Sunday’s (March 4) Italian election appears to have resulted in a hung parliament as widely expected. However, centrist parties lost ground and populist parties made more gains than polls had generally predicted. The left-wing Five Star Movement was the biggest single party with around a third of the overall vote, but a centre-right bloc featuring the anti-immigration Lega party gained the most seats.
Attention will now turn to who can form a coalition, but it seems likely the Five Star Movement will have a major part to play in Italian policy going forward. It is not clear, however, that they will form part of the government. The key common plank of policies for various parties who will now try to form a government is an end to fiscal austerity and more freedom within the European Growth and Stability Pact. Italy’s economy is currently seeing a cyclical recovery, but with unemployment still high there is, arguably, room for more fiscal stimulus. Italy’s high government debt, however, does constrain the extent to which fiscal stimulus could be deployed. Coalition governments are commonplace in Italy and a single party has not won an outright majority since the Second World War. That said, with around 50% of the voters backing Eurosceptic parties, this result is a warning shot for the EU.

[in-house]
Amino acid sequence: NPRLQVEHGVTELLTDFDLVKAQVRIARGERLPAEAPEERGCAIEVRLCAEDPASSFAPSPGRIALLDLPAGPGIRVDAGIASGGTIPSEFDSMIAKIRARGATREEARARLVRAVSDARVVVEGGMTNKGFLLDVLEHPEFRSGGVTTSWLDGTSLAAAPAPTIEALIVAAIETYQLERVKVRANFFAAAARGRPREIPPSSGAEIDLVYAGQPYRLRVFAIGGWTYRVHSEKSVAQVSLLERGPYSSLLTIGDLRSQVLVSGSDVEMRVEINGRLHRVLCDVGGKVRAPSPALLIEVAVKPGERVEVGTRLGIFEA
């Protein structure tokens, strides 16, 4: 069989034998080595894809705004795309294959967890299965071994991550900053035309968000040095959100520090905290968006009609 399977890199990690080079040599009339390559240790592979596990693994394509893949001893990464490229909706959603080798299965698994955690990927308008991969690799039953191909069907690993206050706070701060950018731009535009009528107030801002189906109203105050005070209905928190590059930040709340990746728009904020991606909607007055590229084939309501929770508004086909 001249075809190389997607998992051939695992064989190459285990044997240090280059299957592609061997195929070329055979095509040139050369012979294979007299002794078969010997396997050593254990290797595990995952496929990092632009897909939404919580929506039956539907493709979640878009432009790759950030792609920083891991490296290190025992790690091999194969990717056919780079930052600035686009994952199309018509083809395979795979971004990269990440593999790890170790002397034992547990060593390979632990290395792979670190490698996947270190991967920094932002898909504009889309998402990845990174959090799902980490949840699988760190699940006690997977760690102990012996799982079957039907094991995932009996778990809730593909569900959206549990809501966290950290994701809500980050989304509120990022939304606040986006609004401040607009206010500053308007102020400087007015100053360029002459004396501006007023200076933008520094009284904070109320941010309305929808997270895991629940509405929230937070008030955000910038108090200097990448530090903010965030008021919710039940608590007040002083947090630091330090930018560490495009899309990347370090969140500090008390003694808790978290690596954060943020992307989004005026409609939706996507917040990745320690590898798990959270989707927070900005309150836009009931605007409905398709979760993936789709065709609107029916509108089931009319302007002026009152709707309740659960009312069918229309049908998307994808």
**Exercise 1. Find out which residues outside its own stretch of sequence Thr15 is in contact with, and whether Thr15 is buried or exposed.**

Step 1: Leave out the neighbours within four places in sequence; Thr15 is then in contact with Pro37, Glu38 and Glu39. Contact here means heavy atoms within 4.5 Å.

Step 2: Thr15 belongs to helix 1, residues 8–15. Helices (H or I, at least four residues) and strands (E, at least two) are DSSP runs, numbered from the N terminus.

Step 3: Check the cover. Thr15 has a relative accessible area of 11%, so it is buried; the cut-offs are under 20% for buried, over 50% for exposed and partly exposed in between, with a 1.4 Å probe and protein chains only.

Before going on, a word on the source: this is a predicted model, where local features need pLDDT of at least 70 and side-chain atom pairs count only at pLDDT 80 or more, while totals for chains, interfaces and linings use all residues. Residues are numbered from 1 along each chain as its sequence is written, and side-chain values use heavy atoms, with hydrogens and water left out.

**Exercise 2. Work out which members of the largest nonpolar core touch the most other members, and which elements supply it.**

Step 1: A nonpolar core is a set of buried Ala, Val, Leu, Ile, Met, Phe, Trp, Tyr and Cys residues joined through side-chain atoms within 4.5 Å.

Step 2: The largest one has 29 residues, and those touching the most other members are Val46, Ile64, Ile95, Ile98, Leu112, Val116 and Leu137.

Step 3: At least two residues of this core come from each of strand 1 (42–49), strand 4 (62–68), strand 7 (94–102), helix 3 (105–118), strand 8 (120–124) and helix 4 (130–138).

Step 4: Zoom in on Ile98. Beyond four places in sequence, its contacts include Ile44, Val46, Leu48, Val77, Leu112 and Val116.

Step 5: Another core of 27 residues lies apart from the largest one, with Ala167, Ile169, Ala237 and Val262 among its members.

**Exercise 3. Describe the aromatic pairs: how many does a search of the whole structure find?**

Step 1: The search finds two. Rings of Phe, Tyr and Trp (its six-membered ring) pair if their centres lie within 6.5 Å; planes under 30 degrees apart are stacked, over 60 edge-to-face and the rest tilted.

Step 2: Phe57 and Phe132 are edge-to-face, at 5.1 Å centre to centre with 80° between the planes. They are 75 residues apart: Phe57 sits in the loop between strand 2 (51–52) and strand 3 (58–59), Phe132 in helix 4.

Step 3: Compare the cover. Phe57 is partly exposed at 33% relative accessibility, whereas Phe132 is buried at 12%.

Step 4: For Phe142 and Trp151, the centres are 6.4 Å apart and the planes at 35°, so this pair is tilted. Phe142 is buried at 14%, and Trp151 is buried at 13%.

On Monday morning (March 5) the Italian 10-year government moved up three basis points (bps), but any movement will be limited by the European Central Bank’s (ECB’s) continued quantitative easing programme in the short-term.
Peter Wilmshurst is the portfolio manager of ASX listed Templeton Global Growth Fund (ASX: TGG) and an executive vice president in the Templeton Global Equity Group with research responsibility for banks in Europe, and Asian telecommunications...